“What RDS-PP does is give you a guideline for how to label and designate each wind turbine and component of a wind farm. This enables the operator to collect data and reference it to the desired objects,” he said.

Considering that wind farms can have around 80 turbines each with 1,000 data points, this is no small undertaking.

“Looking at the big picture, you have this large chunk of data generated by the wind turbines, the offshore substation and the grid. RDS-PP allows you to break it down and structure it until you are able to focus on a specific component within a specific turbine”, Bütow said.
RD-SPP is like a language, the more fluent you are in identifying the components and labels, the more accurate & efficient you will be in monitoring and operating a wind farm, he said.

The aim of the RDS-PP software is to give every object in a wind farm a distinct reference code. Data sent to the onshore operations centers can then be correctly monitored and evaluated.

Figure 3: Interrelationships between designation standards and guidelines for RDS-PP

Source: Designation of wind power plants with the Reference Designation System for Power Plants – RDS-PP (2014) http://www.vgb.org/vgbmultimedia/RICHNOWPT714ENG-p-8848.pdf

Monitoring construction

Data-based optimisation can bring savings on CAPEX as well as OPEX, by using applications such as RSA-PP during the manufacturing and construction phases. 

“When building the complex structure – we are now seeing 8 MW turbines that are 220m in height – it is important to manage the stream of data so that the investor is able to measure the quality of the components during the manufacturing phase,” said Outsmart’s Ihle.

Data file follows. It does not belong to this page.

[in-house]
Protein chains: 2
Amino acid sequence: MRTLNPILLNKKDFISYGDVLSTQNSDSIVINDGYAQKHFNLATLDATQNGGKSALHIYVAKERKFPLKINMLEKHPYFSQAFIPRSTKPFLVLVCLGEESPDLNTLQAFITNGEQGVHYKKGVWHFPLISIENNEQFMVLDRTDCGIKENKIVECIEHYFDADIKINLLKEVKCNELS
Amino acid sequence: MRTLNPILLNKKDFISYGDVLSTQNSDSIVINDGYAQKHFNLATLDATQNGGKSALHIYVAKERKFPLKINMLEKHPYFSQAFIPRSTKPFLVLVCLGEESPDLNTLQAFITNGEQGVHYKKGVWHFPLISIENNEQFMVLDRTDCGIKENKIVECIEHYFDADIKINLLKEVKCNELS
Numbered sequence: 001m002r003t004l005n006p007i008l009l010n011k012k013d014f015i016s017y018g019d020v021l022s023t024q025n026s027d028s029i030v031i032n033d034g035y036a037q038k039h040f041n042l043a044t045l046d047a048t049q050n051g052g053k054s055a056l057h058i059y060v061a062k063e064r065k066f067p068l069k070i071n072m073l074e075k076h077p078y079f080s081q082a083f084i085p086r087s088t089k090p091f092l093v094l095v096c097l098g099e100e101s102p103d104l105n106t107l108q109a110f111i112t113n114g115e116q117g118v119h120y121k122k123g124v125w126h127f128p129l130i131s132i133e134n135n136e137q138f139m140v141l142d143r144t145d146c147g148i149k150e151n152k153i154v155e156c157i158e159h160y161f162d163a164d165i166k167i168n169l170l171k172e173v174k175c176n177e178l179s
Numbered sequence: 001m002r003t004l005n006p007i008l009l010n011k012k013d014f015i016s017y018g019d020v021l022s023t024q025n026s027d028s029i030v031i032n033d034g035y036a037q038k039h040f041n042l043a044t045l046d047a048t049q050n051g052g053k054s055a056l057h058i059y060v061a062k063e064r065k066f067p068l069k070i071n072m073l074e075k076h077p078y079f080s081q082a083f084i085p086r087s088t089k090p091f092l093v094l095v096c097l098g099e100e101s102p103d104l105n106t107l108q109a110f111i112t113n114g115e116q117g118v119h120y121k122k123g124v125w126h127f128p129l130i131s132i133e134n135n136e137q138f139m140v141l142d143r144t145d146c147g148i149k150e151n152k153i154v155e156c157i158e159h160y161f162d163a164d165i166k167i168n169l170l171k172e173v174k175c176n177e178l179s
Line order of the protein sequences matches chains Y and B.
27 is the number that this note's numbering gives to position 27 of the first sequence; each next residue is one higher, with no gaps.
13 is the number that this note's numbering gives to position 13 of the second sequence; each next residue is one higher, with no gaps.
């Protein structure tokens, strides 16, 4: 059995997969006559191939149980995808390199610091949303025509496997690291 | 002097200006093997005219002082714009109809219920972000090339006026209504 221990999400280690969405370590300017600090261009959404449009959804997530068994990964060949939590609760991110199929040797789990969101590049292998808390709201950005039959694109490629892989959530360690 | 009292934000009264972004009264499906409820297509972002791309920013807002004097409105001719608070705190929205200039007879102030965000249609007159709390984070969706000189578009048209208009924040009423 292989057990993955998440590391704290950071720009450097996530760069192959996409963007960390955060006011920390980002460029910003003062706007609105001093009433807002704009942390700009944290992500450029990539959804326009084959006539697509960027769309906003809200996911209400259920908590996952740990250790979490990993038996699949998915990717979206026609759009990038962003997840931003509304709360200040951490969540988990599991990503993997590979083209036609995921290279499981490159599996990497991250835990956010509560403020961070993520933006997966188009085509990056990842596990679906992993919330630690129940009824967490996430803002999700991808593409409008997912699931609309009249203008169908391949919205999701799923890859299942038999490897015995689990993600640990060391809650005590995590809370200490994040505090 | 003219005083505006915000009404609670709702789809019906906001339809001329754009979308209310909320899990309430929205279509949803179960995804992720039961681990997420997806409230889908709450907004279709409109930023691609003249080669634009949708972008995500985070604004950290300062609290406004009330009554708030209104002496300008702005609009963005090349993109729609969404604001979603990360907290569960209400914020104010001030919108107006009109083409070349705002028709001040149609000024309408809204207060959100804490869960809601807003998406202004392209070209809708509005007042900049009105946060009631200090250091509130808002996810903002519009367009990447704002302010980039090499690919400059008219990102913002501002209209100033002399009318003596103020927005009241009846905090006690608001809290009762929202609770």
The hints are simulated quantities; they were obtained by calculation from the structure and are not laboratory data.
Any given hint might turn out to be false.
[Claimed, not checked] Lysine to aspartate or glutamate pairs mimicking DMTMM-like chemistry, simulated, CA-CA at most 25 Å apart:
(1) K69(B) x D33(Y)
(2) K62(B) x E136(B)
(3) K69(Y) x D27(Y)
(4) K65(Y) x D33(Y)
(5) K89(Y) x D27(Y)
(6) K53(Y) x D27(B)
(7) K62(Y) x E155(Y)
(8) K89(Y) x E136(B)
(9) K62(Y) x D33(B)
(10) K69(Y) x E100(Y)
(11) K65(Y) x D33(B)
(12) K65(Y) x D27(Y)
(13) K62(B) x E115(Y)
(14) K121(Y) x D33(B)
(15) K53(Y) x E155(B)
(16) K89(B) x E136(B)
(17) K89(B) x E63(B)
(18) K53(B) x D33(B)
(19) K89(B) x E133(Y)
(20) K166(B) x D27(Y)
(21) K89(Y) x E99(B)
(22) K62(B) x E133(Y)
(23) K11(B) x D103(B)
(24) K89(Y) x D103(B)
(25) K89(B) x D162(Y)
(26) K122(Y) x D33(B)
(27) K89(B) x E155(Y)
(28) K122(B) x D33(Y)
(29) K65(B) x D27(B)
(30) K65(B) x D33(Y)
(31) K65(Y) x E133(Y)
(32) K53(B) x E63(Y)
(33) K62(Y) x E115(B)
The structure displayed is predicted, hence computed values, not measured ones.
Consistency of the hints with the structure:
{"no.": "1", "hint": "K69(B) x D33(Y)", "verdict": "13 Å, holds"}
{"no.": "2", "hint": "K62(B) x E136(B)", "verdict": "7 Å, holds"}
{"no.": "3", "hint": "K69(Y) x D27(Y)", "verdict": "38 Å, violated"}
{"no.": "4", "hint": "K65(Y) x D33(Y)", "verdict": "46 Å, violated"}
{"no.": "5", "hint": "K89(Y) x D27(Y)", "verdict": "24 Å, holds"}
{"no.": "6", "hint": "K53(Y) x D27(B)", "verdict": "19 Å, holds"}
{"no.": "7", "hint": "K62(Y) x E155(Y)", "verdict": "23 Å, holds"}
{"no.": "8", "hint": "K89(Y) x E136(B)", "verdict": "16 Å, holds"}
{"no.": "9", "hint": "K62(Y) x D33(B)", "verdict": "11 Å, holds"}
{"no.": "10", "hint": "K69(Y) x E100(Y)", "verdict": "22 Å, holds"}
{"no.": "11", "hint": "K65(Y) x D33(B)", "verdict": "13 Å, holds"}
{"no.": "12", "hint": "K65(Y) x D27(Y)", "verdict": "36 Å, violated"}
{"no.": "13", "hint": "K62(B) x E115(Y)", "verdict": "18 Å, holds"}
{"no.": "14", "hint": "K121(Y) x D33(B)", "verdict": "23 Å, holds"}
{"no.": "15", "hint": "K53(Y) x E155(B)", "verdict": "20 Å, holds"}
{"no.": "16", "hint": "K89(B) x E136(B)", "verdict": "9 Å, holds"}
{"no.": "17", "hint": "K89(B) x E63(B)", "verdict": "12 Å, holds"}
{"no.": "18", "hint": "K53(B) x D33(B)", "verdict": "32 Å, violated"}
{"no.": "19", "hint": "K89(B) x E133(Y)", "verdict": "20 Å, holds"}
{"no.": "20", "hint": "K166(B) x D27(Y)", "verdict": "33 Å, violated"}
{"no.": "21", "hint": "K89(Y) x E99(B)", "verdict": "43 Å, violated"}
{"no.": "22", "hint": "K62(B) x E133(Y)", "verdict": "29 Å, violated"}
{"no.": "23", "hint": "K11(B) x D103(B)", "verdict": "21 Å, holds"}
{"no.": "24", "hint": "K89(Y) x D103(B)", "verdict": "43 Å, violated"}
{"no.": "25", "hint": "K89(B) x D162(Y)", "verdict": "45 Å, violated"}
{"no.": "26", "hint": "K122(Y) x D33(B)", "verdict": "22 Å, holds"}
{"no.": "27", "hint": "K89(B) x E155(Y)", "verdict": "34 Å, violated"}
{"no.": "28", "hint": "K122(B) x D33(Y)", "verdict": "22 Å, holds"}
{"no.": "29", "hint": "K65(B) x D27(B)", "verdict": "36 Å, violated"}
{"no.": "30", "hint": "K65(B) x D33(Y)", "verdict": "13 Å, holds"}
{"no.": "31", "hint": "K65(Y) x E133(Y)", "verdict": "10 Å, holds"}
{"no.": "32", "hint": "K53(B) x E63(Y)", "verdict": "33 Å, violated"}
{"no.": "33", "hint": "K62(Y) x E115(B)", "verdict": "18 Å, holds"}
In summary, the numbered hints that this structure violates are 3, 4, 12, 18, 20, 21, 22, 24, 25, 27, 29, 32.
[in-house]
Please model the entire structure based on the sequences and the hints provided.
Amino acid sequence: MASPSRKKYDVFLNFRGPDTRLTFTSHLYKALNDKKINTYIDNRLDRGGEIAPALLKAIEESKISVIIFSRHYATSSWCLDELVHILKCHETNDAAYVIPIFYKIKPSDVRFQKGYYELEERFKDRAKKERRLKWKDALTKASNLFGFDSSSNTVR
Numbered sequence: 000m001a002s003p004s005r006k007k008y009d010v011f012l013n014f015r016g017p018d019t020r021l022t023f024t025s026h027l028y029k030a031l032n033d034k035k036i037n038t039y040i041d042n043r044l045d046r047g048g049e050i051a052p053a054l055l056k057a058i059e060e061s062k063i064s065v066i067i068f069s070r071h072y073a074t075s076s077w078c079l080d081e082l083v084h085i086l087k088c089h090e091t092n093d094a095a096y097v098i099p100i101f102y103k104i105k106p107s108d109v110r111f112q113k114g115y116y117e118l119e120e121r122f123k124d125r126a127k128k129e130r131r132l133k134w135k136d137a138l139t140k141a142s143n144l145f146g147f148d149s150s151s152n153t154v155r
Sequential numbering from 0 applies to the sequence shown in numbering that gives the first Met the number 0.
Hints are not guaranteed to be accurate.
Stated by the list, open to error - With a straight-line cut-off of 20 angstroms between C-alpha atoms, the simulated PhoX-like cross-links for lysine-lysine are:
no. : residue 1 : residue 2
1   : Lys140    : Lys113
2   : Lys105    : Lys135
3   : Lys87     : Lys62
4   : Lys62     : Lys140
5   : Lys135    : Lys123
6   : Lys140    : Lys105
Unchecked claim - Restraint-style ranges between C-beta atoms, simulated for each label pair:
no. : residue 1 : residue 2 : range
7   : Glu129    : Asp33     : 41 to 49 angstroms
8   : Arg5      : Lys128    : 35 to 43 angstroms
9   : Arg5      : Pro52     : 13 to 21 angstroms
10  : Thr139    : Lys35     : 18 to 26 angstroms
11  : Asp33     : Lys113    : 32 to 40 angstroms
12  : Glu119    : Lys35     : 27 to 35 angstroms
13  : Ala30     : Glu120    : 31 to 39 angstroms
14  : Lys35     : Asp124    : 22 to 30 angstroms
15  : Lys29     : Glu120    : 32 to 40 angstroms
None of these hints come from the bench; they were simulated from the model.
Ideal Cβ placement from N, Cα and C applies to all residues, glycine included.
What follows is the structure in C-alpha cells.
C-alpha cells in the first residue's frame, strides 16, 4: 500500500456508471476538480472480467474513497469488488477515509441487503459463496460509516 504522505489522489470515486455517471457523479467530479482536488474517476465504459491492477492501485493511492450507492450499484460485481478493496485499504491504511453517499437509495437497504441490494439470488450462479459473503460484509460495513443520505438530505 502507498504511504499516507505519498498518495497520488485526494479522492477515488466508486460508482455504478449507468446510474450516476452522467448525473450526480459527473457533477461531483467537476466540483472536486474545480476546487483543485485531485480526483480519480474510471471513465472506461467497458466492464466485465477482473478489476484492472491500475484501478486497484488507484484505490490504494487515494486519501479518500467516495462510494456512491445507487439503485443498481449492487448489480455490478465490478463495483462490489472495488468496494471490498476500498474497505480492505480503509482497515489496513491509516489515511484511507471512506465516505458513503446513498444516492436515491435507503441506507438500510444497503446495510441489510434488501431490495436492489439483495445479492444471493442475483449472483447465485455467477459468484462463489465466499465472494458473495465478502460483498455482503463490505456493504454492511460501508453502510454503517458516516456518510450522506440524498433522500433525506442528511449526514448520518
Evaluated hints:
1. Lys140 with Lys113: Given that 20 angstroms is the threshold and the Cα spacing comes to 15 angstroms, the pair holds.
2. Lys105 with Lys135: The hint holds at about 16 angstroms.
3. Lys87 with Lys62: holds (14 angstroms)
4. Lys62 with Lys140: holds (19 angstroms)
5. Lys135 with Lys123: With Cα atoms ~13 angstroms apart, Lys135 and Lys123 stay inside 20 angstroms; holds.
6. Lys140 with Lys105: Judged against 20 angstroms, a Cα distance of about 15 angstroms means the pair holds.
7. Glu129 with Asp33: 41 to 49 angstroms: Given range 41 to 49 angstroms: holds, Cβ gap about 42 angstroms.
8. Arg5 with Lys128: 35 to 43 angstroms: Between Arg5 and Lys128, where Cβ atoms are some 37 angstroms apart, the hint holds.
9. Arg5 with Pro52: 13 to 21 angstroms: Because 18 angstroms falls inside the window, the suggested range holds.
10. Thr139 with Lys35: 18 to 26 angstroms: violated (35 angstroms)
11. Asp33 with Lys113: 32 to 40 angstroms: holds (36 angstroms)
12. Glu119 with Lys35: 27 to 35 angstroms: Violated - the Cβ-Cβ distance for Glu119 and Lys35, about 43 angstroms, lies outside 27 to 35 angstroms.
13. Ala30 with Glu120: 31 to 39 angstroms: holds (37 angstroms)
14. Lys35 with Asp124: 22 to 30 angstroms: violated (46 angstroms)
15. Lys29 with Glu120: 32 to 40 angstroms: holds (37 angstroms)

“You can bring down financing costs by lowering the risk margins…So there are benefits for cost reduction of the CAPEX through data, although they are not as direct as the benefits for OPEX.”

The key benefit for using data is real time monitoring of performance to perform predictive and preventative maintenance that can take place. 

Standardization a challenge due to lack of transparency

Data could be shared between different operators, which would create greater savings through streamlining processes, although this would require more cooperation from plant owners, said Ihle.

“The [Designation System] guideline is available for anyone to buy – you just need to learn the language and implement it in an early project phase. It doesn’t matter which wind farm, or which turbine it is used on, the coding is the same”, he said.
“There are a lot of different types of data that needs to be managed on a daily basis, but to create any kind of industry standards would mean that operators would need to open up about their data,” he added. 

There are initiatives currently driving this process of standardisation and shared learning, but it will take some time before it gains traction. 

“Even if we are able to bring all the various data points together in one format, the big challenge will be changing mind-sets”, Ihle said.